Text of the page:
(If you must have politics, please scroll down)
Melanie Benjamin, the author of Alice I Have Been and The Autobiography of Mrs. Tom Thumb, crafts well researched and engaging books. Indeed, after just a few pages into any of her books, the reader begins to do some research on one's own to discover how much of the content of Ms. Benjamin's books is fiction and how much actual fact. The Aviator's Wife is no exception! Read about the book HERE at the author's web site and about the possible extent of writer's license HERE at BlogCritics.
The Aviator's Wife is written from the point of view of Anne Morrow Lindbergh, and the reader discovers that Charles A. Lindbergh, nicknamed Lucky Lindy and The Lone Eagle, was a cold fish of a man even before the 1932 kidnapping and murder of 20-month-old Charles A. Lindbergh, Jr. Lucky Lindy was confident in his ability to bring his son back home safe and sound, and he regarded the death of his first child as one of his few failures. The reader will likely conclude that the man had many failures but could not recognize those failures for what they were.
According to The Aviator's Wife, the man's biggest failure was a personal one: his definition of love was one of distance kept and micro-management. For example, when he lay on his deathbed in Maui in 1974, he instructed Anne, to whom he had been married since 1929, that she could kiss him but not until after he died. Also, he never hesitated to take Anne away from the babies so as to serve as his copilot and actually forbade Anne from bonding too closely with their six children. The Lone Eagle definitely had baggage!
Charles A. Lindbergh was perhaps the first American national hero whose success made him a legend in his own mind — in part because the fawning press fostered that legend. Tragically, it was the intrusive press that must bear at least some responsibility for the kidnapping of the Lindberghs' firstborn child: the press published maps that made it easy for the kidnapper(s) to take the baby. Even after the kidnapping and despite the Lindberghs awaiting the birth of their second child, the intrusive American press continued to pursue the Lindberghs at every turn. even to the point of publishing photographs of the baby's remains. It's no wonder that Charles A. Lindbergh despised and opposed a free press. The Aviator's Wife posits that Hitler's control of the press may have been part of Lindbergh's respect for Adolf Hitler.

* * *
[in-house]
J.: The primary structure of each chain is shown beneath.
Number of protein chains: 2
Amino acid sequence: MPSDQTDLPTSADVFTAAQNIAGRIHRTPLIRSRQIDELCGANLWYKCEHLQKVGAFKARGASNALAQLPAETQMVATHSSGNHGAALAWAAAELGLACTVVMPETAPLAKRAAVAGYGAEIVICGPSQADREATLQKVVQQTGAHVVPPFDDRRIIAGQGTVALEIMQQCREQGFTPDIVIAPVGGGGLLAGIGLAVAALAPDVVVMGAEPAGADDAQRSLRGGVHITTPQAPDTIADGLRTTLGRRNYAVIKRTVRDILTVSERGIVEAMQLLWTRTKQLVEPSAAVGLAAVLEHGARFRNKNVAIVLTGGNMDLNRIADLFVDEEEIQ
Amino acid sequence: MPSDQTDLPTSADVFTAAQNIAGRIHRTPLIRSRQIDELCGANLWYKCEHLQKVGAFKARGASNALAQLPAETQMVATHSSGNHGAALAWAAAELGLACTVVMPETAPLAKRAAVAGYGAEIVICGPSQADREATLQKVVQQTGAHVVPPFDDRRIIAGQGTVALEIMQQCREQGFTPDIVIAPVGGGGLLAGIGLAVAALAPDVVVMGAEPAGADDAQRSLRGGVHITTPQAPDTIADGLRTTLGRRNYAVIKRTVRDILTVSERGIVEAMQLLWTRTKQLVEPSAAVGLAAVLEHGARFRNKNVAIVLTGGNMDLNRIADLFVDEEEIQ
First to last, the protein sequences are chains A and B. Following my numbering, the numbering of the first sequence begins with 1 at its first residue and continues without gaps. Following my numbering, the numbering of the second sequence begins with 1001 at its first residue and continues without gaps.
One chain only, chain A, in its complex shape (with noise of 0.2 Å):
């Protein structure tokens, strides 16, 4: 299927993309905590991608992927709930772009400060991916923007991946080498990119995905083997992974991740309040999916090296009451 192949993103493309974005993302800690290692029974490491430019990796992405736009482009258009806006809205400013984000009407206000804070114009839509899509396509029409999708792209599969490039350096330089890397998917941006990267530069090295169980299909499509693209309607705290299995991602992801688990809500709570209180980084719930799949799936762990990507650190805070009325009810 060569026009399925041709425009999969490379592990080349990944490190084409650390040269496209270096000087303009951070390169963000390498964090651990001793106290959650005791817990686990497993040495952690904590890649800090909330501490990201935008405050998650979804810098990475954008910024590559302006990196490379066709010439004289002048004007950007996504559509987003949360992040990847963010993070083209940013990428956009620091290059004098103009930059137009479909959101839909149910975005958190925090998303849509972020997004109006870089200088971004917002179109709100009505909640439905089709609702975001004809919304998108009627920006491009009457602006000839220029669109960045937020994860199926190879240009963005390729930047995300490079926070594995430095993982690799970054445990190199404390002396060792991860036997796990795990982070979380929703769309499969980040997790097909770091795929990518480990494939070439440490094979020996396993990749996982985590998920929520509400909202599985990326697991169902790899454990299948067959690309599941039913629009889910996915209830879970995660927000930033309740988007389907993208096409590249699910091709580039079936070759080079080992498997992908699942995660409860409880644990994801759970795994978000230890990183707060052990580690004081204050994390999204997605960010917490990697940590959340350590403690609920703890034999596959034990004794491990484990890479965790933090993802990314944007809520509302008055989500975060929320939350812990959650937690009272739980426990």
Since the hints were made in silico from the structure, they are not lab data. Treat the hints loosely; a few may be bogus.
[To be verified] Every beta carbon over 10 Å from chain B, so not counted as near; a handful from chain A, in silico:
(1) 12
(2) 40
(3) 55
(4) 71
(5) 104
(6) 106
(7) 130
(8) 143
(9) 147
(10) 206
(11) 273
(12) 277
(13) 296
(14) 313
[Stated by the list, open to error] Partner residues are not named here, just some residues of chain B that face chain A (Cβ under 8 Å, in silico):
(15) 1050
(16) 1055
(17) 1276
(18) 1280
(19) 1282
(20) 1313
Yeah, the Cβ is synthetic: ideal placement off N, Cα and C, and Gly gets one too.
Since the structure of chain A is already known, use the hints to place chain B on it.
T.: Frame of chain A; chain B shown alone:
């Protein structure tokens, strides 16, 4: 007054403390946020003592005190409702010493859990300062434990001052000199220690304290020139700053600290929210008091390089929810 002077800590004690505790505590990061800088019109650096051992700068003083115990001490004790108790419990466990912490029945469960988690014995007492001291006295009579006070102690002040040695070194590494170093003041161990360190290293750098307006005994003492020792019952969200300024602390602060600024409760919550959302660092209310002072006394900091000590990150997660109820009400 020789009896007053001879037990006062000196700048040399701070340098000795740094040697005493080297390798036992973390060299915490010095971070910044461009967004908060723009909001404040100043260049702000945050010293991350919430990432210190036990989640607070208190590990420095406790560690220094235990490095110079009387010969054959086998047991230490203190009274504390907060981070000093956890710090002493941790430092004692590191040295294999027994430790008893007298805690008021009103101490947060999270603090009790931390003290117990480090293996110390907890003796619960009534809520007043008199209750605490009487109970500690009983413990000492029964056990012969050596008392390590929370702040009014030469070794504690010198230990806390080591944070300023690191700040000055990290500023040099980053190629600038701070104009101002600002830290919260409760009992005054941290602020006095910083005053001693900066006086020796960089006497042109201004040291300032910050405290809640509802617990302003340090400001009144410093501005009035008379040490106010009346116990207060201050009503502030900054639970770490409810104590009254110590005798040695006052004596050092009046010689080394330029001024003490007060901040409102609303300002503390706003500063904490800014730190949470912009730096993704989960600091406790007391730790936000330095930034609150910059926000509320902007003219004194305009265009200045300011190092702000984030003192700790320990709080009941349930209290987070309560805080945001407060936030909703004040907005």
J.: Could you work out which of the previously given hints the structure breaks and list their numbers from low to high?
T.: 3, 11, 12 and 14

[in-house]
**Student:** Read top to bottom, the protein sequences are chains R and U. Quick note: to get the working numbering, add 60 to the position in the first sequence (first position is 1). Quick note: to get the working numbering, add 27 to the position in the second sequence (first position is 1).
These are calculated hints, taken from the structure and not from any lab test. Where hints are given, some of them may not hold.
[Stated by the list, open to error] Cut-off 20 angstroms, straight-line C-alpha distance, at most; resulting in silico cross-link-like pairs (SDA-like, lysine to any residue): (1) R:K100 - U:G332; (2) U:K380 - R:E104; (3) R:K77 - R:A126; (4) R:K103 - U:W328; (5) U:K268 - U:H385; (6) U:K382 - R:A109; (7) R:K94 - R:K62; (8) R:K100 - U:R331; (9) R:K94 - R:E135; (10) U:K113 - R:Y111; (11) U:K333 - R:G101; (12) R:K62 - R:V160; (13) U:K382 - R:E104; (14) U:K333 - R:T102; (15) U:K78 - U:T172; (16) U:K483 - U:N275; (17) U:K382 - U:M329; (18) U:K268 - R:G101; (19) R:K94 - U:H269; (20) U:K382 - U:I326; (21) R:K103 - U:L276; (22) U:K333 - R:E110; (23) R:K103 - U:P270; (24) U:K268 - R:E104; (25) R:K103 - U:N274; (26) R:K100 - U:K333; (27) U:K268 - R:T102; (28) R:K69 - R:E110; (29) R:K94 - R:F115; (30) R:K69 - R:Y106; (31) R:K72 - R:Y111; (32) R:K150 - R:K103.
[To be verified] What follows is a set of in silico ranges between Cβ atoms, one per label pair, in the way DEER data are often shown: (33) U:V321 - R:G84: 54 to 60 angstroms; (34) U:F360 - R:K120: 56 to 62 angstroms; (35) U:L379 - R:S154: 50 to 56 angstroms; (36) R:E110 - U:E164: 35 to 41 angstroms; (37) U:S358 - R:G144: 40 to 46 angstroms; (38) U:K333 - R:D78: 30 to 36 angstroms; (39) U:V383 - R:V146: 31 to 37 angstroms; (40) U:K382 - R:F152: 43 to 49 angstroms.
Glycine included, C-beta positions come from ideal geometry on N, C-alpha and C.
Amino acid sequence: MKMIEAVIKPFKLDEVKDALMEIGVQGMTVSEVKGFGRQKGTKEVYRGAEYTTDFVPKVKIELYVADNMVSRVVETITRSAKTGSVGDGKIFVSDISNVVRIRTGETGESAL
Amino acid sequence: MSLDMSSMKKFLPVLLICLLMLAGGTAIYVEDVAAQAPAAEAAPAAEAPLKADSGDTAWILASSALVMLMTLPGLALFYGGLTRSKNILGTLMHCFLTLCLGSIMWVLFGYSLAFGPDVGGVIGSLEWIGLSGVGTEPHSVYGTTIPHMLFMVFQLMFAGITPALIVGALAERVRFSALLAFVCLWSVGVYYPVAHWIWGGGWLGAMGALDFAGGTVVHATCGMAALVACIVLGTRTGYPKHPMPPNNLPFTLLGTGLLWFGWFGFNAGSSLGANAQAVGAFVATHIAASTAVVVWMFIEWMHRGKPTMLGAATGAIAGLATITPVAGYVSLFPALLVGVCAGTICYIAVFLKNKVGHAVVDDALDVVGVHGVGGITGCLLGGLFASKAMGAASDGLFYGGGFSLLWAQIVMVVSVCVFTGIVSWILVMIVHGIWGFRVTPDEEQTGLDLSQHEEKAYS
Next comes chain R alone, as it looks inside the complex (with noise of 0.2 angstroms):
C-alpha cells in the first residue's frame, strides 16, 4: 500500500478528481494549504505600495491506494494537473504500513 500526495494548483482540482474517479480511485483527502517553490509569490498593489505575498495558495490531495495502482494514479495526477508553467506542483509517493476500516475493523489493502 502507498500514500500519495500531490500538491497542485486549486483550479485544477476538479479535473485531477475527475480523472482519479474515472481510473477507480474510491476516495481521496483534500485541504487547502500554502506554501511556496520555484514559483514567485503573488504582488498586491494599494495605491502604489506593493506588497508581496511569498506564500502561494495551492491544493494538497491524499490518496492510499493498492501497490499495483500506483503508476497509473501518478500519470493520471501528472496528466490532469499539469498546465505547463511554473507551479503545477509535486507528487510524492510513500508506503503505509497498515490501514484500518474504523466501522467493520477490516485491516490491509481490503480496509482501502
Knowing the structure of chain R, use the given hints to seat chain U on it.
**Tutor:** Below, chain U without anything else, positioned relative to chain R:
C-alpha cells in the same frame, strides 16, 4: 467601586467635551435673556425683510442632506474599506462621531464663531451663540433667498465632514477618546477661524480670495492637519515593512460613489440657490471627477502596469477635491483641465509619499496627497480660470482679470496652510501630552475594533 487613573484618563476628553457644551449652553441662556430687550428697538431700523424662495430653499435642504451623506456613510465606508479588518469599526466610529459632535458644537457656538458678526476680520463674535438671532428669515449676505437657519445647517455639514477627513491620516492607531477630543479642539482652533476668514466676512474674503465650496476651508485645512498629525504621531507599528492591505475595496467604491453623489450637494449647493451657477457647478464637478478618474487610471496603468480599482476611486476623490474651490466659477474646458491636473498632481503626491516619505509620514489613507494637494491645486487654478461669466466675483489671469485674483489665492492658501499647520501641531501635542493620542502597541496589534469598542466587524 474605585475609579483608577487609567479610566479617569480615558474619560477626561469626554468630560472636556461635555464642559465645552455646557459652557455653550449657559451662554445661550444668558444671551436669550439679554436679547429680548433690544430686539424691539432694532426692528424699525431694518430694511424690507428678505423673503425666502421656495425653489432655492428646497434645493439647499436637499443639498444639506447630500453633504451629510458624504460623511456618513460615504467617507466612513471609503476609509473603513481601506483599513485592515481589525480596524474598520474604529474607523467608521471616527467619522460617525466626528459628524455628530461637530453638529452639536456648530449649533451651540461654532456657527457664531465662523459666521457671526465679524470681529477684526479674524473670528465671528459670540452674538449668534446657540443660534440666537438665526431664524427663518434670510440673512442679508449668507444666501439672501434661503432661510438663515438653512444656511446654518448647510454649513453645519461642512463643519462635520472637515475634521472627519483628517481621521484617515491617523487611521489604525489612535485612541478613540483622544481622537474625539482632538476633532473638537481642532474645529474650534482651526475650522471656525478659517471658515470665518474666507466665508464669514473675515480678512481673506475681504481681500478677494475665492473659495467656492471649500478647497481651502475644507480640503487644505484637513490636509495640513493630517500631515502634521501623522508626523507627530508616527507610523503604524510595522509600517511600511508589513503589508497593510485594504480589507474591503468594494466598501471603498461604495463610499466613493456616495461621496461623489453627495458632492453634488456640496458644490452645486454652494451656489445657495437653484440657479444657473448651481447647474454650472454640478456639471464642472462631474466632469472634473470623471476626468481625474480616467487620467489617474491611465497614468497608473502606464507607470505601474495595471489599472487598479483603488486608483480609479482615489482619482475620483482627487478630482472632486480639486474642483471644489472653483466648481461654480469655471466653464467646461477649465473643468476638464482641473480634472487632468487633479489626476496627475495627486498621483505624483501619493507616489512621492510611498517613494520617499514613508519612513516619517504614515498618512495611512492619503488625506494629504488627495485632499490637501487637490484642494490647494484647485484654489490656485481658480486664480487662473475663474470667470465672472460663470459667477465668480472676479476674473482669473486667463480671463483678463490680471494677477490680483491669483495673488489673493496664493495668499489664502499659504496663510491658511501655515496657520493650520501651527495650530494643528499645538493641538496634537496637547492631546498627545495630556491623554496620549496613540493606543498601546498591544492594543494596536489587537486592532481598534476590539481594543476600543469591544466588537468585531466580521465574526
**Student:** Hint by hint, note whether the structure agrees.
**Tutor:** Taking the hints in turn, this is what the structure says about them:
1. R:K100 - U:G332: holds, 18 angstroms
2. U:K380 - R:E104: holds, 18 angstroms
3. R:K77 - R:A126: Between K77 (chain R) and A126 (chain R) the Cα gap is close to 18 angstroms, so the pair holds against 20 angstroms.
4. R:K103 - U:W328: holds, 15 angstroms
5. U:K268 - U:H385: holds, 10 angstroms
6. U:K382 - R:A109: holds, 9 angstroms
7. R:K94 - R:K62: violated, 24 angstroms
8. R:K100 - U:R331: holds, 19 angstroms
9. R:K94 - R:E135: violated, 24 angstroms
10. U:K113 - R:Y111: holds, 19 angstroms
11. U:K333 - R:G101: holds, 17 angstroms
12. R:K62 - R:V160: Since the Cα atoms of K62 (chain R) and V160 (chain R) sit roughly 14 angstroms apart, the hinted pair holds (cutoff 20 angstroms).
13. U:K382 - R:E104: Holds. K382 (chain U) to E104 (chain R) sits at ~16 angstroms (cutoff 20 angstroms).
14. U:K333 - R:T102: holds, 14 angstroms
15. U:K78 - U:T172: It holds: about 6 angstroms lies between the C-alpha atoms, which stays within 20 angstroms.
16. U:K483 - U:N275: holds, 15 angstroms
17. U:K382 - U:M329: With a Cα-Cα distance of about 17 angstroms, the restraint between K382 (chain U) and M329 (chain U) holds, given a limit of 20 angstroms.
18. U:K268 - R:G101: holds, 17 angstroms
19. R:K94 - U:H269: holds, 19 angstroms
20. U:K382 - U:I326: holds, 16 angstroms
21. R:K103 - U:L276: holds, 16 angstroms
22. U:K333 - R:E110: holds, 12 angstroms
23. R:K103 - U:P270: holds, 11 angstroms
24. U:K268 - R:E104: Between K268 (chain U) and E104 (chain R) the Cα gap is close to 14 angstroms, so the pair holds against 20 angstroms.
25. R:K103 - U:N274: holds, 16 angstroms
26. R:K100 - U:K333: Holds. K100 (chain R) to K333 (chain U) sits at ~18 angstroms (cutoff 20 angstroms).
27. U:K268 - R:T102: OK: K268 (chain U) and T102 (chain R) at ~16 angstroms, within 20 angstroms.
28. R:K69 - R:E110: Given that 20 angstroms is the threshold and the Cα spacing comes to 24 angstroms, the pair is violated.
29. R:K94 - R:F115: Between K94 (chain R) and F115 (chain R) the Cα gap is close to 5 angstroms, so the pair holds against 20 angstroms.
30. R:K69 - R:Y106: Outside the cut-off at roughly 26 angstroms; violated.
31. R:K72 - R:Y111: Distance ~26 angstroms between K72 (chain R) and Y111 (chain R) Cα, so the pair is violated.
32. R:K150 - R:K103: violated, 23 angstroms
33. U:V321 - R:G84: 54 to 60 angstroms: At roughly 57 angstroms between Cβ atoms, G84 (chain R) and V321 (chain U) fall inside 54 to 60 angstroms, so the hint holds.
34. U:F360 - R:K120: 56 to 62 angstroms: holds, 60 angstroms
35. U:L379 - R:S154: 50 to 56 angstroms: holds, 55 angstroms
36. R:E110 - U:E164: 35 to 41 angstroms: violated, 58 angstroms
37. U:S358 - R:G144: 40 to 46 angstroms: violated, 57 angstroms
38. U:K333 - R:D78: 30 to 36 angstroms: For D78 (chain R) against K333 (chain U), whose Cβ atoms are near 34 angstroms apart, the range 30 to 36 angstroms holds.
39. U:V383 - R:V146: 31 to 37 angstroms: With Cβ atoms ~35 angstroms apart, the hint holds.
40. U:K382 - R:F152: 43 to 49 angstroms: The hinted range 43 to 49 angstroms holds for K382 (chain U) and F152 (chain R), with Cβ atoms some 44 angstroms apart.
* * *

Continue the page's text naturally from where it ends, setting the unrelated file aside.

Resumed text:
Within a few years of the loss of their firstborn, the Lindberghs moved to Europe, where the press allowed the Lindberghs the kind of privacy that families need. The Lindberghs returned to the United States in 1939 at the request of the United States Army Air Corps.
The Aviator's Wife also touches upon some lesser known facts about Charles A. Lindbergh, one of those facts being that he had three extramarital liaisons (Following in the steps of his grandfather August Lindbergh, born as Ola Månsson?) which resulted in seven children born in Europe between 1958 and 1967, five of those children born to the Hesshaimer sisters in Germany and two born to his aristocratic-born secretary Valeska. When he lay dying, Lindbergh wrote to each of his former lovers and urged them to maintain secrecy. None of the illegitimate children came forward until after Anne's death in 2001, and 2003 DNA tests have confirmed that three of the children are indeed the offspring of Charles A. Lindbergh.
In The Aviator's Wife, Anne knows of her husband's letters and reads them. It is not certain that she had any such knowledge — although the fact that she is not buried by her husband's side could indicate that she may have had knowledge of her husband's many betrayals.
But don't get the mistaken idea that The Aviator's Wife is a book wallowing in self-pity and in denigrating Charles A. Lindbergh. Rather, the book is a window into the soul of Anne Morrow Lindbergh, a remarkable woman. The book also reminds the reader that every marriage, no matter how perfect from the outside, is a private and complicated relationship, a relationship that even the husband and wife often do not fully understand.
I highly recommend this book! The Aviator's Wife (2013) is available for purchase and at most public libraries. A reading guide is available HERE.
The Aviator's Wife is such a good read that I'm now reading Reeve Lindbergh's No More Words, a daughter's memoir that chronicles the final days of Anne Morrow Lindbergh, who lost her ability to speak because of a series of strokes.